'The Dark and the Wicked': Film Review

The Dark and the Wicked
Courtesy of RLJE Films /Shudder
Deeply unsettling.

Two adult siblings encounter mysterious phenomena when they return to their family farm to say goodbye to their dying father in Bryan Bertino's horror film.

The lambs certainly aren't silent in the latest horror film from Bryan Bertino (The Strangers, The Monster). Depicting the fateful reunion that occurs when two adult siblings return home to their family farm on the occasion of the imminent death of their father, The Dark and the Wicked offers supremely atmospheric thrills that will hauntingly resonate with anyone who's ever been faced with a similar situation.

The story begins with Louise (Marin Ireland) and her brother Michael (Michael Abbott Jr.) arriving at the farm, filled with bleating sheep and located in a remote area of rural Texas where they grew up (Bertino used his own sprawling family homestead for the shooting, and it deserves star billing). Their elderly father (Michael Zagst), who has been severely ill for many years, has taken a turn for the worse and is essentially comatose. Their mother (Julie Oliver-Touchstone) has clearly been severely emotionally damaged by the strain of caring for him and has become convinced that his malady is demonic in nature — although she doesn't seem particularly relieved by the arrival of her long-absent children. She has amassed a collection of miniature crucifixes, which surprises her children since she has never been religious. When we see her intensely cutting up vegetables with a sharp knife, it's not hard to imagine that things might go very wrong.

And indeed they do, although the film depends far more heavily on mood than a conventional storyline. Suffice it to say that it isn't long before Louise and Michael are mainly left alone with their father, occasionally interacting with various characters including a handyman (Tom Nowicki), a deeply religious nurse (Lynn Andrews), a mysterious young girl (Ella Ballentine) and a bizarrely creepy priest (veteran character Xander Berkeley, making an indelible impression with his brief screen time).

As their father's condition worsens over the course of a week (intertitles provide the specific days, and never has the word "Tuesday" seemed so ominous), the specter of his impending demise seems to physically manifest itself in the house itself, leading to all sorts of spine-chilling phenomena. Meanwhile, Michael's psychological condition begins deteriorating as well.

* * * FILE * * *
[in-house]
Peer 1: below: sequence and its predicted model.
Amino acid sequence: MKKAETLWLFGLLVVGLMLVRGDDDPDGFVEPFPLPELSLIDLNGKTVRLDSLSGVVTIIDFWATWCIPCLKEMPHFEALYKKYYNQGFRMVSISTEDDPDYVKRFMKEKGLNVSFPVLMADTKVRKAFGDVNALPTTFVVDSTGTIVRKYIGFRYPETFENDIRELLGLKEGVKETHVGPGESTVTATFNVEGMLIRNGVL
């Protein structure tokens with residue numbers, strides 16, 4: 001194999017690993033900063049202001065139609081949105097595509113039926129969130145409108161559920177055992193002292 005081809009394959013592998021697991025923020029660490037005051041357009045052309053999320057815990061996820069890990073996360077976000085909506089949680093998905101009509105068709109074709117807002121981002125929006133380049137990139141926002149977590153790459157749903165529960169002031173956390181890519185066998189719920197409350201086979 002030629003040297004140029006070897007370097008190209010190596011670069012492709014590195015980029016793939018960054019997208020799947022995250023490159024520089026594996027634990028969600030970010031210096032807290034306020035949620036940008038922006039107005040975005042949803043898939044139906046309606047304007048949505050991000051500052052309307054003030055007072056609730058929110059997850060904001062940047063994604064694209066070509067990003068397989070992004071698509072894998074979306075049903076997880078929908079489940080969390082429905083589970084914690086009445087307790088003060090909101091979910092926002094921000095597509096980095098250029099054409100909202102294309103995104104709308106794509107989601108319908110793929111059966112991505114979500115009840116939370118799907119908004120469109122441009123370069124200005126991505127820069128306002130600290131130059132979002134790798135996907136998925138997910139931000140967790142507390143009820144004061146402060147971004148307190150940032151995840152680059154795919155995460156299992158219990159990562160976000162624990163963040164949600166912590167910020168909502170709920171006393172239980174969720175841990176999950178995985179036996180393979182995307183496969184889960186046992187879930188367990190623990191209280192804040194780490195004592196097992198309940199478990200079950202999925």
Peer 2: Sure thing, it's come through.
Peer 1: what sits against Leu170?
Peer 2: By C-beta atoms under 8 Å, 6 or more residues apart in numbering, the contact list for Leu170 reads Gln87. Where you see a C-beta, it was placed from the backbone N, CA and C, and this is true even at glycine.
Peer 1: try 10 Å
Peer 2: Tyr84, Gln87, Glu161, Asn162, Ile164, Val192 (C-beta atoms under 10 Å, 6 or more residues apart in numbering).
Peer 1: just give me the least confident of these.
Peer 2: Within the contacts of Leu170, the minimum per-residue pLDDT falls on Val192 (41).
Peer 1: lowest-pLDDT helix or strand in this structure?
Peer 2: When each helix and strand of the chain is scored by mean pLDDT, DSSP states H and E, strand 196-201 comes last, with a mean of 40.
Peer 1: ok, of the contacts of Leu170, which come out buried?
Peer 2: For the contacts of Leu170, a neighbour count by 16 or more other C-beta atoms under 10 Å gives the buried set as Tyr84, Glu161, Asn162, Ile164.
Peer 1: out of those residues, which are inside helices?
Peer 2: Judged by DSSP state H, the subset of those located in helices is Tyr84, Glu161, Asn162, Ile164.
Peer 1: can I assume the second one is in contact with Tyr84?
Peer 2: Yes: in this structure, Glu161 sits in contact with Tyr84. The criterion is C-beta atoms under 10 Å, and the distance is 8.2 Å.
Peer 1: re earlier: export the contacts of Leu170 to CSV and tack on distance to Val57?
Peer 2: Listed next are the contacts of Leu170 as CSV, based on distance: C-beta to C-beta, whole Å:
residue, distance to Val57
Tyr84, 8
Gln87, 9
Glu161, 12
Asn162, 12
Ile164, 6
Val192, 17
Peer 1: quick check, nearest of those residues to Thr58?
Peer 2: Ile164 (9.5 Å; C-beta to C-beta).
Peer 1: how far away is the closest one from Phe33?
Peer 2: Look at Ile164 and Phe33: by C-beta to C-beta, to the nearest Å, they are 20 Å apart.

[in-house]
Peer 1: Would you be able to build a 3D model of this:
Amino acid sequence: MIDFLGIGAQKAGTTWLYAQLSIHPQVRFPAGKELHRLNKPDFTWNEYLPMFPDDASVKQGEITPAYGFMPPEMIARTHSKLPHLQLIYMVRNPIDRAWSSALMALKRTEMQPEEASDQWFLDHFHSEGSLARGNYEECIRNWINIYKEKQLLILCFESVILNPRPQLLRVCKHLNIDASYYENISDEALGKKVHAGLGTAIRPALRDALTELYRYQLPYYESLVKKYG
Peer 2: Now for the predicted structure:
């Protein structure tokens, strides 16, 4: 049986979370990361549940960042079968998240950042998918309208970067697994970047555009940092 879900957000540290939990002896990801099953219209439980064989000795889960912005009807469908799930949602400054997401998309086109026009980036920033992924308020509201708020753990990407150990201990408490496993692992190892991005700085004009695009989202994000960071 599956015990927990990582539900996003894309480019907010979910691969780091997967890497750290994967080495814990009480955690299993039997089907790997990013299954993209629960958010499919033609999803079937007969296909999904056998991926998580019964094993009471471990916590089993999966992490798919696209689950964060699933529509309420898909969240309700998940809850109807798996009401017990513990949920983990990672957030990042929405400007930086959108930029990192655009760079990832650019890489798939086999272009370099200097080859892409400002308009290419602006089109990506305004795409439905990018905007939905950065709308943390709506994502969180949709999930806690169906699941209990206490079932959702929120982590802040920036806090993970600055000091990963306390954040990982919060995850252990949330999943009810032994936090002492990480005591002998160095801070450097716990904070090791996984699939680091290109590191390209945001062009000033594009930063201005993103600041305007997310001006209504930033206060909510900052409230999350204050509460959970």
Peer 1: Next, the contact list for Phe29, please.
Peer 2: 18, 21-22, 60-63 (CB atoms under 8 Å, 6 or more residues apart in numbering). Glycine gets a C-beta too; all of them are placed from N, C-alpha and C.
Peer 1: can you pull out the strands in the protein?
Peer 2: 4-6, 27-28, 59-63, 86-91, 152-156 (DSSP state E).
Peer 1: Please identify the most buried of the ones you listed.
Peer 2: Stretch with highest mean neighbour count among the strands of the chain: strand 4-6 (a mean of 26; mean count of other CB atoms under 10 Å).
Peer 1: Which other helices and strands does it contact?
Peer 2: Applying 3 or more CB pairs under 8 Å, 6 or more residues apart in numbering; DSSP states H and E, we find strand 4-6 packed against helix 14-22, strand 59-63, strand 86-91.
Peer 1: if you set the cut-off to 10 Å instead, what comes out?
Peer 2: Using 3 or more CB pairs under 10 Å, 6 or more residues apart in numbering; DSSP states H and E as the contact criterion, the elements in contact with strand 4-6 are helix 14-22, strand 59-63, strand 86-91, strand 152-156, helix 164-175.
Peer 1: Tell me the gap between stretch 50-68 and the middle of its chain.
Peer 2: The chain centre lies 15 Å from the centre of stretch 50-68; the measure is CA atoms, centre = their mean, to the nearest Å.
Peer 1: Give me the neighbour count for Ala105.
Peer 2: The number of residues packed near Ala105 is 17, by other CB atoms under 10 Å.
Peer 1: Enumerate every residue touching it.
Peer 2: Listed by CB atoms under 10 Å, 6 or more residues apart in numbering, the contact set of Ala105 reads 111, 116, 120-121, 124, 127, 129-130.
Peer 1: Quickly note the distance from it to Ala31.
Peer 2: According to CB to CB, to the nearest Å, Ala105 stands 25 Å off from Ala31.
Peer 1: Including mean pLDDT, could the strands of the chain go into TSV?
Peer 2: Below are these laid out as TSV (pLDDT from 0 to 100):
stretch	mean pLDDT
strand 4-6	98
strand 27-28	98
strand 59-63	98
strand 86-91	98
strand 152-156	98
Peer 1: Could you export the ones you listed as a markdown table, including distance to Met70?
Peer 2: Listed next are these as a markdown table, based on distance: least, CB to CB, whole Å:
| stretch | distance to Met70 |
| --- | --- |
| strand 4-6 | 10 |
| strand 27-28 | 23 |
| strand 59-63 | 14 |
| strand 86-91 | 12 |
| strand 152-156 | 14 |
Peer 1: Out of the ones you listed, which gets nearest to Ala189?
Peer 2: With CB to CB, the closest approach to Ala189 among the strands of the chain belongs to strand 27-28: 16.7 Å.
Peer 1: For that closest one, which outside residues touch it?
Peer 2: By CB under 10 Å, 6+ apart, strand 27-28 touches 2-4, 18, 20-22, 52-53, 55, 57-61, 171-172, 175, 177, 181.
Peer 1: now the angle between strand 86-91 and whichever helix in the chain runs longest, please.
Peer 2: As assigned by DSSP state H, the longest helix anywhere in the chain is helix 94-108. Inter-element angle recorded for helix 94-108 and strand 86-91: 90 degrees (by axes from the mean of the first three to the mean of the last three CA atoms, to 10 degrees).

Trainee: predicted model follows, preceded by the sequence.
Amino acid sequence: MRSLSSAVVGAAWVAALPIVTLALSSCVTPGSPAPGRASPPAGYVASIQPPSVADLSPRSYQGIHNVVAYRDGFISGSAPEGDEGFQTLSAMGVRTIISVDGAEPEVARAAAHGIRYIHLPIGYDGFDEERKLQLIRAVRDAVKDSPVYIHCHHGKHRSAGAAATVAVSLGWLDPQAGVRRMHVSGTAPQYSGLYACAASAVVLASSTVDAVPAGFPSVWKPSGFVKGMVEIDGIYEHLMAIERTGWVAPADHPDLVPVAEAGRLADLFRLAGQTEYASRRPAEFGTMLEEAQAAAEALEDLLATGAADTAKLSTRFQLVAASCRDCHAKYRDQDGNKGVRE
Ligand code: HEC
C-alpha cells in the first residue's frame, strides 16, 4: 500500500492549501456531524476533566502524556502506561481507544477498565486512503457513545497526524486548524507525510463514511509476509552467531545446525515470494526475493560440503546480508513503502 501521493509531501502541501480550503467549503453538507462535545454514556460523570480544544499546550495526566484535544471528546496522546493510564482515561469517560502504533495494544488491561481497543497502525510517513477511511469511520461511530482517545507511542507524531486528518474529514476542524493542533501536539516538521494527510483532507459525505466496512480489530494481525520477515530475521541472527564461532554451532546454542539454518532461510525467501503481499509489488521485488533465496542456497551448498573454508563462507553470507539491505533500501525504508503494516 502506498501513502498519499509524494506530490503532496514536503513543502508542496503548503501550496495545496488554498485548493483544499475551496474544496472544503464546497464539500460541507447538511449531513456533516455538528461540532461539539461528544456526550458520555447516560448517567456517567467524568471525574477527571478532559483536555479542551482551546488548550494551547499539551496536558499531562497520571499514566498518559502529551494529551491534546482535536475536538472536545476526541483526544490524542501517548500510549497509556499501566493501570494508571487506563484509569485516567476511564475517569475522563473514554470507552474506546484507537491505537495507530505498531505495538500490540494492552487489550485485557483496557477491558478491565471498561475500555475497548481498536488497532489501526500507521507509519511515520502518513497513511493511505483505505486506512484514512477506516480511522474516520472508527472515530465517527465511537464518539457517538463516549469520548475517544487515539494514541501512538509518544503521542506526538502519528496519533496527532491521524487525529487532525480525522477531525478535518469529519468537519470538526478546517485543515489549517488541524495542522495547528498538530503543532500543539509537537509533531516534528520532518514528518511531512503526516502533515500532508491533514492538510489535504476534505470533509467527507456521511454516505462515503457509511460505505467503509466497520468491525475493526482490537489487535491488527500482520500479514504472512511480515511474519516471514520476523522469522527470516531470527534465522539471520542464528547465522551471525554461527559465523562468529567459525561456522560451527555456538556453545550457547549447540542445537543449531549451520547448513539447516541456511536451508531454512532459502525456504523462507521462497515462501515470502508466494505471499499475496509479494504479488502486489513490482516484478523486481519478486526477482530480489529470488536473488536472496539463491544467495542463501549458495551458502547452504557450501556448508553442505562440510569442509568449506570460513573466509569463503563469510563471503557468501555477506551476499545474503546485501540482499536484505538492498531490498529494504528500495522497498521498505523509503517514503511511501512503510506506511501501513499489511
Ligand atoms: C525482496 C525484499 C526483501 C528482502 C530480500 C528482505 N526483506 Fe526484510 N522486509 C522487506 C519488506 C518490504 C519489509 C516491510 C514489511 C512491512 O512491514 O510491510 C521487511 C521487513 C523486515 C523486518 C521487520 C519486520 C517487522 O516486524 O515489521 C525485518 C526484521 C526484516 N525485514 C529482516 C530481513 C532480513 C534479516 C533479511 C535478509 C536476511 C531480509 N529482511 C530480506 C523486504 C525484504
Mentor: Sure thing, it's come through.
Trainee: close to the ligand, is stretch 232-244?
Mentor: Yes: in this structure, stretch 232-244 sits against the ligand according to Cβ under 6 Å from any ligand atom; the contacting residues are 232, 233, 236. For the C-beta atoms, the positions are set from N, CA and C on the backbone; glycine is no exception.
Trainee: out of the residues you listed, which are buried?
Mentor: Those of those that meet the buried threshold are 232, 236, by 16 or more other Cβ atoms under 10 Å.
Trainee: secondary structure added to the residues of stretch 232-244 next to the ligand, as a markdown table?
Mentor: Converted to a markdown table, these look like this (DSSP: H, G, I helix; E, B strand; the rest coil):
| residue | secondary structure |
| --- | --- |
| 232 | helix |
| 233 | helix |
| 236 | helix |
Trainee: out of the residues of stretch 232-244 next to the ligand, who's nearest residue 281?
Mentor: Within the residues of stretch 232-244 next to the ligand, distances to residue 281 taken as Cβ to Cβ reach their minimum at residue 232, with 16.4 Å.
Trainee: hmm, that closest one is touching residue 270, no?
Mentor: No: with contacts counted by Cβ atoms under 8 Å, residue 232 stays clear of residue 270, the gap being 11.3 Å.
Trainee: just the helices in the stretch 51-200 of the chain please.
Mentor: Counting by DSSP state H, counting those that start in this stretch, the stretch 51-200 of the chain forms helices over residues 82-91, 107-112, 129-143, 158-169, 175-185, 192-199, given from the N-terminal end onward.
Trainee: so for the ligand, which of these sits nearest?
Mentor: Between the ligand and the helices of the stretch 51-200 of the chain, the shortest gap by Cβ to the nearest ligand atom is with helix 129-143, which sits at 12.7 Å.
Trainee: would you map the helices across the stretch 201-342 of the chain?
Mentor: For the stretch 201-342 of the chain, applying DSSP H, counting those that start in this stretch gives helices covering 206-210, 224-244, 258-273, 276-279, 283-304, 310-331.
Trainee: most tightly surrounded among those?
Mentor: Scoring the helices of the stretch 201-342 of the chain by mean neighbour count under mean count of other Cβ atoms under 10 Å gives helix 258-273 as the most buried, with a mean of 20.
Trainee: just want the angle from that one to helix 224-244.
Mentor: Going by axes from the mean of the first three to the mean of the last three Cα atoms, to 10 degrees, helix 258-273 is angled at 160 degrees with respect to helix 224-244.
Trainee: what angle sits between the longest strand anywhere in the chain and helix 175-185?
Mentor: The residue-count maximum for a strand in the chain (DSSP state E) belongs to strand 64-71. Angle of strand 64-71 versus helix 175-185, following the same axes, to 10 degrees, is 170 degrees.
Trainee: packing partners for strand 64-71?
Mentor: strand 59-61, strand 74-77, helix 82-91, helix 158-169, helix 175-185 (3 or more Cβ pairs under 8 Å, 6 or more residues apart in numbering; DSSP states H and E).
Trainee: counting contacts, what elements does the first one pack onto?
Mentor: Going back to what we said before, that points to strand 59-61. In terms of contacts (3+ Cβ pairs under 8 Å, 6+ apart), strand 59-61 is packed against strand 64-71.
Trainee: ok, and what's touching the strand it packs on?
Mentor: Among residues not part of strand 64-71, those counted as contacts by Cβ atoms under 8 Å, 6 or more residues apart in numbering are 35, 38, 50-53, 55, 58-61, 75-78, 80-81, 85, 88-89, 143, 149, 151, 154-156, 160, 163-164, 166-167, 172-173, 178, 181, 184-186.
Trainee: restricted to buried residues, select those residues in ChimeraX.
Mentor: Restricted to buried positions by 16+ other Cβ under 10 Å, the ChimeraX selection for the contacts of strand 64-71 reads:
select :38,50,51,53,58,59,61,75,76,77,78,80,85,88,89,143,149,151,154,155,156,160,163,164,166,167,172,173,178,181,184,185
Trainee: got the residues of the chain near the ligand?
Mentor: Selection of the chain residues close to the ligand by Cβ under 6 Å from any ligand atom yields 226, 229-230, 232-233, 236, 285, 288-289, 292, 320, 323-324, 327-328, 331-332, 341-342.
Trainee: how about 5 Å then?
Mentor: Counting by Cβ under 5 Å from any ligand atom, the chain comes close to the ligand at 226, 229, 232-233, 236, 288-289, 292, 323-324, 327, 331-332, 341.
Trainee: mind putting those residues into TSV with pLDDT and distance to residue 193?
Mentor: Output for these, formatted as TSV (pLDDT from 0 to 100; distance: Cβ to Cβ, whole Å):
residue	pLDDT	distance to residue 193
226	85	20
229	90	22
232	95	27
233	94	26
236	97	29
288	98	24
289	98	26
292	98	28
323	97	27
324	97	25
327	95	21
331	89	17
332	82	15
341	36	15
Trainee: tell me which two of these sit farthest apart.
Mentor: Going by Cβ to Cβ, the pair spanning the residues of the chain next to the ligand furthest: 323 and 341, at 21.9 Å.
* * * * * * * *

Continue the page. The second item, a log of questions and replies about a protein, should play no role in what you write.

Working on a far quieter level than the visceral frights he delivered in the 2008 home-invasion thriller The Strangers and only sometimes resorting to standard jump scares, writer/director Bertino never lets the simmering tension dissipate. The ambient sound design, disturbing musical score, disorienting visuals and subtle special effects add immeasurably to the overall impact, but it's Ireland's shattering performance that truly gives the film its gripping power. One of New York City's best stage actors, Ireland (whose screen credits include Martin Scorsese's The Irishman and Netflix's The Umbrella Academy) conveys a fascinating mixture of fragile vulnerability and steely toughness that fully draws us into her character's encroaching terror and lingering guilt.

Much like the similarly themed recent horror film The Relic, The Dark and the Wicked clearly intends to work on a psychological level. That it succeeds to the extent that it does is a testament not only to its technical prowess and powerful performances but also its uncanny ability to tap into existential feelings about familial responsibility. Like the best horror films, its frights linger long after it's over.

Available in theaters, in digital formats and VOD
Production companies: Traveling Picture Show Company, Unbroken Pictures, Shotgun Shack Pictures, Inwood Road Films
Distributor: RLJE Films
Cast: Marin Ireland, Michael Abbot Jr., Julie Oliver-Touchstone, Lynn Andrews, Tom Nowicki, Michael Zagst, Xander Berkeley, Jonathan Trott, Ella Ballentine, Mel Cowan, Mindy Raymond, Chris Doubek
Director/screenwriter: Bryan Bertino
Producers: Bryan Bertino, Adrienne Biddle, Sonny Malhi, Kevin Matusow
Executive producers: Mike Scannell, Carissa Buffel, Steven Chester Prince, Jeff Stevens, Thomas Giamboi, Bruce Cummings, Brian Dalton, James Short, John Short, Milan Chakraborty
Director of photography: Tristan Nyby
Production designer: Scott Colquitt
Editors: William Boodell, Zachary Weintraub
Composer: Tom Schrader
Costume designer: Elizabeth Trott
Casting: Jennifer Richiazzi

95 min.